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Did you know that over 40% of London is made up of green spaces? Or that there are over eight million trees dotting the city? With so many parks and gardens to choose from, we’ve made it easier and whittled it down to the best 10 to visit in spring!
The park takes its name from the Crystal Palace Exhibition Building, a magnificent Victorian glass and iron building that originally housed the 1851 Great Exhibition but was unfortunately destroyed in a fire nearly 100 years later.
Today, you can still see the surviving Italian Terraces which are flanked by large stone sphinxes. The park also features various facilities and attractions like the National Sports Centre, an athletic stadium, a city farm and one of the largest mazes in the country.
Don’t leave without visiting the Crystal Palace Dinosaurs, full-sized Victorian concrete dinosaurs and extinct animal sculptures that are currently listed as Grade I heritage monuments.
The oldest royal park in London, Greenwich Park offers fantastic views of London from the top of the hill by the Royal Observatory. In the heart of the Maritime Greenwich World Heritage site, the park is also home to the historic Prime Meridian line.
Start your day with a climb up the hill overlooking the Old Royal Naval College. Here, you can witness the dropping of the bright red time ball at Flamsteed house at 1pm daily – a traditional sign for passing ships.
Later, wander further into the park to see the small herd of Red and Fallow Deer that have been here since the park was enclosed in the 15th century. Or stop to enjoy the open space with a panoramic view of the River Thames to the Docklands.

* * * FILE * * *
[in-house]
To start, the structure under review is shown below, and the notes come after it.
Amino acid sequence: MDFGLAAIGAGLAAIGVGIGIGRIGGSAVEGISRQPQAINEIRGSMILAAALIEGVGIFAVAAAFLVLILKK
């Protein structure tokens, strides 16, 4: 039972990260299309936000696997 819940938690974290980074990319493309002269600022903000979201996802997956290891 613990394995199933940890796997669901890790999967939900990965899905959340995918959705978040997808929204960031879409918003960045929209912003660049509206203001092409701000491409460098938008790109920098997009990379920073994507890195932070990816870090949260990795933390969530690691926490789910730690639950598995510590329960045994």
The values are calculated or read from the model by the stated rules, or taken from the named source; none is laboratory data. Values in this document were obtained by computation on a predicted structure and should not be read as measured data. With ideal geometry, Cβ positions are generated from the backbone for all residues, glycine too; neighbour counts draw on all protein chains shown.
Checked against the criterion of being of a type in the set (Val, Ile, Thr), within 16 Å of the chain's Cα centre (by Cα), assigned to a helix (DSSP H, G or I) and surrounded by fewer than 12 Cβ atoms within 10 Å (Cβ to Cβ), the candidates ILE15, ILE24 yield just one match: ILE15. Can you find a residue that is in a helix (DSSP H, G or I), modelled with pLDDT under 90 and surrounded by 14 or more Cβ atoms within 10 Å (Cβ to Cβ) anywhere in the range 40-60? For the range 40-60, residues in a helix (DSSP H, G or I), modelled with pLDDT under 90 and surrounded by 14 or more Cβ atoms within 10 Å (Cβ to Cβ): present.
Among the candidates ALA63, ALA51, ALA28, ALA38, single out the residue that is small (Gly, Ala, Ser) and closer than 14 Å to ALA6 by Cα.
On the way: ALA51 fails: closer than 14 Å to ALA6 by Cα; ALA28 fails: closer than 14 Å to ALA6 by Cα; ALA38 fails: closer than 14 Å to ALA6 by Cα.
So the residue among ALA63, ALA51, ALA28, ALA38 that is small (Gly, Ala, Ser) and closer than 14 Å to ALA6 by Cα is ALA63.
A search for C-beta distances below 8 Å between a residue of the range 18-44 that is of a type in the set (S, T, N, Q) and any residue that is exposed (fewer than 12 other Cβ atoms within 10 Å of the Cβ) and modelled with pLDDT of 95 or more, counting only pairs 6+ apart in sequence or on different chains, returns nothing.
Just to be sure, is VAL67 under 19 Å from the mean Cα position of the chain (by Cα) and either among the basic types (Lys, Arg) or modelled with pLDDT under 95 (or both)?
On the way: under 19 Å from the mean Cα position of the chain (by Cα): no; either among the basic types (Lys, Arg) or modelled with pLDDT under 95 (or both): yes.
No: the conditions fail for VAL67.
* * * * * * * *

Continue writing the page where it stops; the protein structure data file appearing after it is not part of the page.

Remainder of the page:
Rich in biodiversity, this park and National Nature Reserve is home to a wide variety of flora and fauna living harmoniously together – it’s a rare sight to see 650 Red and Fallow deer roaming free amongst 1,000 ancient trees of historic and ecological importance!
Further in the park, native plants and exotics are grown throughout the Isabella Plantation, an organic woodland garden planted in the 1830s. The Victorian plantation also holds several ponds and streams, providing a habitat for a variety of amphibians and invertebrates.
Popular with bike and horse riders for the tranquil and peaceful environment, it is also here at London’s largest royal park that you’ll find an unobstructed, protected view of St. Paul’s Cathedral some 16km away (10 miles) from King Henry’s Mound.
At 790 acres, this large northern London park is great for long walks, making it a popular choice for dog walkers and owners. With a mix of woodland scrub and manicured lawns coupled with an impressive view of London from the Parliament Hill Fields, one feels transported to the countryside at the heath. Here you’ll also find open-air ponds for swimmers willing to brave the cold and a quaint zoo at the neighbouring Golders Hill Park.
The former state home here – the Kenwood House – has also opened its doors, allowing members of the public to view its artworks and enjoy an afternoon at its café.
The home of the London 2012 Olympic Games is now a large public park with lots to see and do. The once-exclusive sporting venues such as the Lee Valley VeloPark and London Aquatics Centre are now open to all. Up for more activity? There are trails to follow to see park’s various artworks and guided walking and boat tours where you can discover more of the 560-acre park. Kids will love the climbing wall and the summer fountains as well as the large Tumbling Bay playground.
If there’s only time for one attraction, let it be the Arcelormittal Orbit. Also known as UK’s tallest sculpture, the looping structure holds a viewing platform 80 metres up in the sky, as well as a 178-metre-long slide that will take you from top to bottom in just 40 seconds!
A World Heritage Site with impressive tropical glasshouses, a treetop walkway, a pagoda and art gallery, a day out at the Kew Gardens will be one you’ll never forget.